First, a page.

I'm not sure about that point.

To my understanding, an MBA helps you in building a business or an organization. I'm in a PT MBA program now at the University of Massachusetts. We're learning practical things to build businesses and/or organizations, things like: marketing, general management, accounting, HR management, stats, econ, finance, etc.

A PhD is really more about learning to do scholarly research, quantitative and qualitative. Now, that research may have practical applications in the field of business--or it may not--but it's something quite different from what you'll learn studying for an MBA, and the PhD studies are in no manner applied in the sense that they'd teach you the nuts and bolts of running an organization.

It's not that one's better or worse (though the PhD is certainly more rigorous and a longer haul); it's just that they're for vastly different purposes. If you want to run a business, you should probably pursue the MBA first or only; it's not that long--two years at most. Many top UK programs are but one year (for examp, Oxford and Cambridge). And my bet is that even most academics who are pursuing a business on the side (like those mentioned above) have an MBA in addition to the PhD; the practical, applied knowledge from the former is very valuable to applying the esoteric theoretical knowledge of the latter. And in case you're in such a hurry, please realize that the MBA preceding the PhD is a very common path.

Unless you want to spend a career doing scholarly research, I'd advise against a PhD, and frankly, unless you altered your statement of purpose, you'd likely be told the same thing by adcoms for PhD programs--they'd tell you "Thanks, but no thanks, go get an MBA or an MS in Management".

There's another forum where you could take your inquiries. It's the Business Week B-School forum. There's a thread called "Strategy PhD taking questions" or somthing like that. It's been going on for years now, and I believe has over 10,000 posts in the thread, there are several business PhD students of all stripes who post there, as well as at least one tenured professor. Check it out, they'd be able to give you far better advice than me.

Best to you!
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"I was going as fast as I ever went in my whole life...then I fell off."

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20 Jul 2005, 12:12
Thank you so much for your prespective, I cant thank you enough for being so explainatory and upfront....

you have said some things which are making me think and some others which i am pretty clear about. But thank you for making me think!!

I draw a very delicate distinction between a business and a organization, even though the two are related, but creating a business is not that difficult, however creating a long lasting , inoovative and large business is, and that can only happen once you build the right Organization, which talks about the culture, the people, the relationships, DNA of the business etc etc. the fundamental ideologies your business will grow and thrive once you have either moved out or the organization has grown too big for you to keep in direct contact with each person in the business.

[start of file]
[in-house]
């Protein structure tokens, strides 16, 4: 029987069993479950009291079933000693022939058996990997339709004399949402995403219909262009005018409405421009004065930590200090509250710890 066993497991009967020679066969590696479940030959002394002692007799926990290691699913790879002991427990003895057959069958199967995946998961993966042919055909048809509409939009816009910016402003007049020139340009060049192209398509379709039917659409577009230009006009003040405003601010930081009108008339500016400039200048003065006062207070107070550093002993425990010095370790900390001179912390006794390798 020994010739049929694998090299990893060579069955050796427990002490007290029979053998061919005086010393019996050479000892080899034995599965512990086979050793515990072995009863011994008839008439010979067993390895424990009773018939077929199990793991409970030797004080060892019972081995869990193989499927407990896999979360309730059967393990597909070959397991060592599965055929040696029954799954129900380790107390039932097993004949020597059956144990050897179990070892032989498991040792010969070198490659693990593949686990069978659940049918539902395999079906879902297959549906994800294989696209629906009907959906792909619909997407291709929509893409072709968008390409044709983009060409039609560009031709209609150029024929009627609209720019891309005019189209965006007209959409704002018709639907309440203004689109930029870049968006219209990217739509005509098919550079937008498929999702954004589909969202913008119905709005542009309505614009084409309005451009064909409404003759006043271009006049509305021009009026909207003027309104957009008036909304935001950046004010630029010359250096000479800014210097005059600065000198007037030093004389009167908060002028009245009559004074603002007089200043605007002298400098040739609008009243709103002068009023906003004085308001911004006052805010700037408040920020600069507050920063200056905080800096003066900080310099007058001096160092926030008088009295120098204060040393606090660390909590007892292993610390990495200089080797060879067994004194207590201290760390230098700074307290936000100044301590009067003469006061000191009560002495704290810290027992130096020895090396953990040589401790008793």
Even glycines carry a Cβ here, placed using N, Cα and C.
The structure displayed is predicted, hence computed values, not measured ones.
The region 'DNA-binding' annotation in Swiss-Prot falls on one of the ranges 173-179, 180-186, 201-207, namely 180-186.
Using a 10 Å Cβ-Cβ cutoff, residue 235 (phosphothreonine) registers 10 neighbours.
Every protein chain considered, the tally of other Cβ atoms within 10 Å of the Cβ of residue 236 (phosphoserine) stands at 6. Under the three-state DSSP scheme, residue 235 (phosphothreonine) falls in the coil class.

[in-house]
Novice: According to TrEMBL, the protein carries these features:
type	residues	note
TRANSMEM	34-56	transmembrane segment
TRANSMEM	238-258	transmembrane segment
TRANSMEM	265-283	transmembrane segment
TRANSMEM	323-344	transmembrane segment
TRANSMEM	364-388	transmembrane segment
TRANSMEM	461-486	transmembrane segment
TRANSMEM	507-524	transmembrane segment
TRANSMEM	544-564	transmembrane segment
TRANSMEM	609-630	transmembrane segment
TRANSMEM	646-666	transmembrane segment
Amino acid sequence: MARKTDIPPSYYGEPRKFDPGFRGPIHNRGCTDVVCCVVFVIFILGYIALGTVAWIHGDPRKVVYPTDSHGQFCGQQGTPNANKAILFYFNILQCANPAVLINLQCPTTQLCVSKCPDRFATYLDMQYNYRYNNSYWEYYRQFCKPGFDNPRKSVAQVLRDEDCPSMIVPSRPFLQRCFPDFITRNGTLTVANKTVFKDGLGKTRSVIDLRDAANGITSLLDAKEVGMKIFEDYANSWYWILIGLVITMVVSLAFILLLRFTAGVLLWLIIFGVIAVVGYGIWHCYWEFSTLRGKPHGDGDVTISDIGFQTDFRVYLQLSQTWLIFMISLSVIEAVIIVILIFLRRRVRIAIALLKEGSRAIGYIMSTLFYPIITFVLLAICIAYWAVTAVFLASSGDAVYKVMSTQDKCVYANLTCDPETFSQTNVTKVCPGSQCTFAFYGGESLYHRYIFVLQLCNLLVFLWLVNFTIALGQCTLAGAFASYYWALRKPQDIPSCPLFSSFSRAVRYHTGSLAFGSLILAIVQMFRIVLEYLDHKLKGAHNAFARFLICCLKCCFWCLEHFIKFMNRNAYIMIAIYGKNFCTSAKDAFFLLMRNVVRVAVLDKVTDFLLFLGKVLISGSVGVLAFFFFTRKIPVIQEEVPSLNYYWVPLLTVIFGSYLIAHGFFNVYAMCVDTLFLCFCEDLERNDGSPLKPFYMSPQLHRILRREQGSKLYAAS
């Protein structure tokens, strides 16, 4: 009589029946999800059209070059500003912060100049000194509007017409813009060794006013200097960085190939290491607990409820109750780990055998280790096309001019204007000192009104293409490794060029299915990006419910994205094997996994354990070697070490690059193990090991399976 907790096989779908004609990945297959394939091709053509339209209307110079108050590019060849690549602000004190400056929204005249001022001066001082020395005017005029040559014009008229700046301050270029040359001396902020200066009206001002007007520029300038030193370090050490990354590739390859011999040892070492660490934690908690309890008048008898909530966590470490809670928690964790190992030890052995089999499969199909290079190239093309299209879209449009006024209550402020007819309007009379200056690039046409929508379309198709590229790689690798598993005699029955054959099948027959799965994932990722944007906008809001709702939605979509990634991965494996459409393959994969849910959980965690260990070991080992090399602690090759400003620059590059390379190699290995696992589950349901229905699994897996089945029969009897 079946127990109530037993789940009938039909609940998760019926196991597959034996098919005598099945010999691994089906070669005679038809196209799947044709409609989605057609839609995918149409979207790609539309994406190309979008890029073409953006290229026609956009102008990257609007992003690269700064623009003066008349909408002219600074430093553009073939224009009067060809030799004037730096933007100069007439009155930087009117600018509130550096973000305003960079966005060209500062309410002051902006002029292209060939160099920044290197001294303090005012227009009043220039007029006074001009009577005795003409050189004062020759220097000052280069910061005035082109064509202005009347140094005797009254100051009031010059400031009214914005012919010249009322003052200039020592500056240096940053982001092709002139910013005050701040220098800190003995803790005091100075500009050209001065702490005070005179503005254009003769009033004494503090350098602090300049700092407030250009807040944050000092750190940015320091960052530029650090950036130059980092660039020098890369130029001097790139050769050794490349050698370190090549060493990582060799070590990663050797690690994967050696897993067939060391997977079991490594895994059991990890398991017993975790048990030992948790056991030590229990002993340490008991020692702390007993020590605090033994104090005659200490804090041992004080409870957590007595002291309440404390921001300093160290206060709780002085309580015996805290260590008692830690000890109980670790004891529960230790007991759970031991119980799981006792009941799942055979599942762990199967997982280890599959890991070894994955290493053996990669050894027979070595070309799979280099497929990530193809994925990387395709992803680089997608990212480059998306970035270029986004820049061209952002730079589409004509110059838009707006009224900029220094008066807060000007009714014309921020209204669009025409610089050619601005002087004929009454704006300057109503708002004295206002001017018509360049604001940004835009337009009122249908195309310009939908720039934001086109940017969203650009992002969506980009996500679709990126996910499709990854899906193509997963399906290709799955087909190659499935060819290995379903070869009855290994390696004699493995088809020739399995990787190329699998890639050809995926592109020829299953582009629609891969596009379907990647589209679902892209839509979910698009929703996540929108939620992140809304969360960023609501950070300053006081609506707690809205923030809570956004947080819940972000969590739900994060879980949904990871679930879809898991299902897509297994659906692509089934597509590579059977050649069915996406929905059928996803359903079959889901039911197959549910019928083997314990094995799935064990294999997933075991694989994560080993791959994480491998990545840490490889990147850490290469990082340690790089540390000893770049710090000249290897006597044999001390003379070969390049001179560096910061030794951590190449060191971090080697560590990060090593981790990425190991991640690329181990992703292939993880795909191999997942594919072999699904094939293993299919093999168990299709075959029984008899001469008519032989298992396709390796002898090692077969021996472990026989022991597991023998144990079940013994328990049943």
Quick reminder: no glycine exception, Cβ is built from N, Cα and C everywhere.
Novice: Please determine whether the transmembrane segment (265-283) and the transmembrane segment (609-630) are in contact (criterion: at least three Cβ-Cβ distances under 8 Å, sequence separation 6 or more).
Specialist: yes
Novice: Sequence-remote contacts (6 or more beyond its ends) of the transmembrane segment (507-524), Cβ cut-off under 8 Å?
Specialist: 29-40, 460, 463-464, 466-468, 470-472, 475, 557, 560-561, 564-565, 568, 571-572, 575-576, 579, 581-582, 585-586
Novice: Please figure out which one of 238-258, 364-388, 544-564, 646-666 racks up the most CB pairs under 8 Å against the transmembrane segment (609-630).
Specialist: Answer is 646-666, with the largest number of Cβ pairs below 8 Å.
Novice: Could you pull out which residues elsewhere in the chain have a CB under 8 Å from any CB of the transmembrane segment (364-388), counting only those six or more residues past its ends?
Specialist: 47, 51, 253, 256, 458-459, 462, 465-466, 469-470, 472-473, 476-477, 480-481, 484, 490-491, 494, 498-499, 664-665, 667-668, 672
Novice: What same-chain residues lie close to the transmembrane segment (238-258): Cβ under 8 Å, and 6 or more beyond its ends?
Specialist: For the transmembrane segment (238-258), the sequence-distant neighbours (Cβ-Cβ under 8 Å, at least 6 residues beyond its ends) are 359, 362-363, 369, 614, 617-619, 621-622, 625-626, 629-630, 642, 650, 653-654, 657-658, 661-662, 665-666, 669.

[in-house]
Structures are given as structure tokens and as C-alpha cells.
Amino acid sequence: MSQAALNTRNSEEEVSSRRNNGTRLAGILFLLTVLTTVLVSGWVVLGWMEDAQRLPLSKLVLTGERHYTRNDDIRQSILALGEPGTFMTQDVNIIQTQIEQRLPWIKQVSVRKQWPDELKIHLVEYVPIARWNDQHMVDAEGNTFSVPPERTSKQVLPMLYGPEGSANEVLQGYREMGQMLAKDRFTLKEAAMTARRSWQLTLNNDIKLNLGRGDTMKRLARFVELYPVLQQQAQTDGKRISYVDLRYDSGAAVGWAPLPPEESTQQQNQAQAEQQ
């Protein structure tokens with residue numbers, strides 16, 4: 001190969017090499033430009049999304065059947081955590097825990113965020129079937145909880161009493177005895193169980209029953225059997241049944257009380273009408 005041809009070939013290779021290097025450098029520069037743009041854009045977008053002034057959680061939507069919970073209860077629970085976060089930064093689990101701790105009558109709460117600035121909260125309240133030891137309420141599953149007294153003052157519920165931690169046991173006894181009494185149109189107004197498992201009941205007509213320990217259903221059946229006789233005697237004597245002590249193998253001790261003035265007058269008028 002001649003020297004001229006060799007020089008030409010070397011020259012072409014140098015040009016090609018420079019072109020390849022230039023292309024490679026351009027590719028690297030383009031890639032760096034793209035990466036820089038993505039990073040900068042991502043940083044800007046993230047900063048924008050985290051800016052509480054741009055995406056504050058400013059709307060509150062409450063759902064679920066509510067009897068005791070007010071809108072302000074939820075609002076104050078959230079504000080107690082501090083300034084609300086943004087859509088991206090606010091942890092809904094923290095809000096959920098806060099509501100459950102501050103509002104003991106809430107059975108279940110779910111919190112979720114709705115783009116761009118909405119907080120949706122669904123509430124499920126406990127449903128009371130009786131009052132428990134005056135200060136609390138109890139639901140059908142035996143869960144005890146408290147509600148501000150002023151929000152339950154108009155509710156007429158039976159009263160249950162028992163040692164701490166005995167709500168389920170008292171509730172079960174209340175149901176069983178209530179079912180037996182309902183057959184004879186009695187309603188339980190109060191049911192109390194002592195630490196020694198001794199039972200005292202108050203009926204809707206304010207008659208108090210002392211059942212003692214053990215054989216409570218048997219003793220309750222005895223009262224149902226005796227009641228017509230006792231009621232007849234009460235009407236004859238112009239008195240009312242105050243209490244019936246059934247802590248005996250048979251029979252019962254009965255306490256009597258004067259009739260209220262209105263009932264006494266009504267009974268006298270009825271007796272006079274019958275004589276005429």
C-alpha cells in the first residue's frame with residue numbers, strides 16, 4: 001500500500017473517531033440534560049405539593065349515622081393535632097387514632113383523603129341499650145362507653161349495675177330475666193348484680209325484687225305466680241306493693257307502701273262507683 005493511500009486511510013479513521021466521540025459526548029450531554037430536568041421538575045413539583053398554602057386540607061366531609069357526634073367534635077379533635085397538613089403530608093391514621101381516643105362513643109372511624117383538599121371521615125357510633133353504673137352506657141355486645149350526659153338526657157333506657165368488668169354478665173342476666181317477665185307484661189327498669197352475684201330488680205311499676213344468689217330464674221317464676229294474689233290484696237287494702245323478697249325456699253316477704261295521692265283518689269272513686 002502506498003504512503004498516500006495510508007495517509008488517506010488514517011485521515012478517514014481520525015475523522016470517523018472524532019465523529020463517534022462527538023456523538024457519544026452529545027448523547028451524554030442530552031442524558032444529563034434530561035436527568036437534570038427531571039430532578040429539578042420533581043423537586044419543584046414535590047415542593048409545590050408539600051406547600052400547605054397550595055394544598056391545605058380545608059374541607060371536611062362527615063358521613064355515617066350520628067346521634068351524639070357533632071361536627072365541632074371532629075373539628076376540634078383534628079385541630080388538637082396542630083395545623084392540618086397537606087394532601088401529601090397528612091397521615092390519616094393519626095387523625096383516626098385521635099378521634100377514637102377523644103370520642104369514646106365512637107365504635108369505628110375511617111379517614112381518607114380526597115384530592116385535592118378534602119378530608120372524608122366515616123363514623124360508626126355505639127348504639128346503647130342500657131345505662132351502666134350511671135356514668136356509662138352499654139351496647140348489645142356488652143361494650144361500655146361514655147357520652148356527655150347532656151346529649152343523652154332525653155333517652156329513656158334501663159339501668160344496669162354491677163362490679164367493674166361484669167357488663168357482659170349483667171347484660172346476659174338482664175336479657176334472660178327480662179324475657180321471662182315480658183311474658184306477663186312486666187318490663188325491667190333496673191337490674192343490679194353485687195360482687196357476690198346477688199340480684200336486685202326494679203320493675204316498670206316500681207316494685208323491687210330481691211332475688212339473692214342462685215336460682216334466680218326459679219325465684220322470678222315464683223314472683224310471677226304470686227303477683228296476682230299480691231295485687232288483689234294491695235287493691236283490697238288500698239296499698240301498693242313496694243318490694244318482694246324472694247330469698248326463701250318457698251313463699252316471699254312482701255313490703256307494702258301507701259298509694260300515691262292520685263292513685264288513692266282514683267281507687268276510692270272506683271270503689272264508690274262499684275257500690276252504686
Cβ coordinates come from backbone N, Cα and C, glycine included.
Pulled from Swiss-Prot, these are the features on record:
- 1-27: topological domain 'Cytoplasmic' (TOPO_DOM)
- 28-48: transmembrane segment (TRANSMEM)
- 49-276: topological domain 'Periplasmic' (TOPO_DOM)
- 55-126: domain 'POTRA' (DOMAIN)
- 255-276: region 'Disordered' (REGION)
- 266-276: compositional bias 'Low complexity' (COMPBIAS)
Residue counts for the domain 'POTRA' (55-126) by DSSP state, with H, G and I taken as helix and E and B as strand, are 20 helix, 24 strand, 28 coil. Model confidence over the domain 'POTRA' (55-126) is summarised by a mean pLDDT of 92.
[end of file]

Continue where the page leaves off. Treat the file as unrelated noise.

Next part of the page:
Hence i tend to think that all of this can be created once i understand the nature of relationships, people, functions etc etc quantatively thru a PHD using real time data, rather than a MBA course that will tell me what the good guys did and what the bad guys did and start assuming and forming my preceptions based on their experience and let that influence my decesion making.

I know it sounds odd that i wish to do a PHD inorder to start a business, its not the well treaded path, its almost sucidal to think about it sometimes.... but i wish to use the time spent their to get a better understanding of things first hand and use the period as an incubation period for my businesses to come.

I am guessing the adcomms are not orthodox and rigid, and if they do see a resoning that maybe out of the box but sensible would generate interest....... Thnak you for recommending the BW forum. lets see what they have to say
thoughts??
???
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20 Jul 2005, 18:45
Hey,

I understand your rationale. However, adcoms all explicitely state that they wish to admit researchers, and nothing but researchers. Mentioning an interest in starting a business will immediately kill your application at any school ranked in the top 20. Period.

However, while the opinion above is true of virtually every first-tier school, I have heard that second-tier and third-tier institutions tend to be less adamant about one's reason for pursuing a PhD. Perhaps you should look at such programs, if your primary interest is to learn about the nature of organizations (reputation is fairly irrelevant if you want to be an entrepreneur anyway)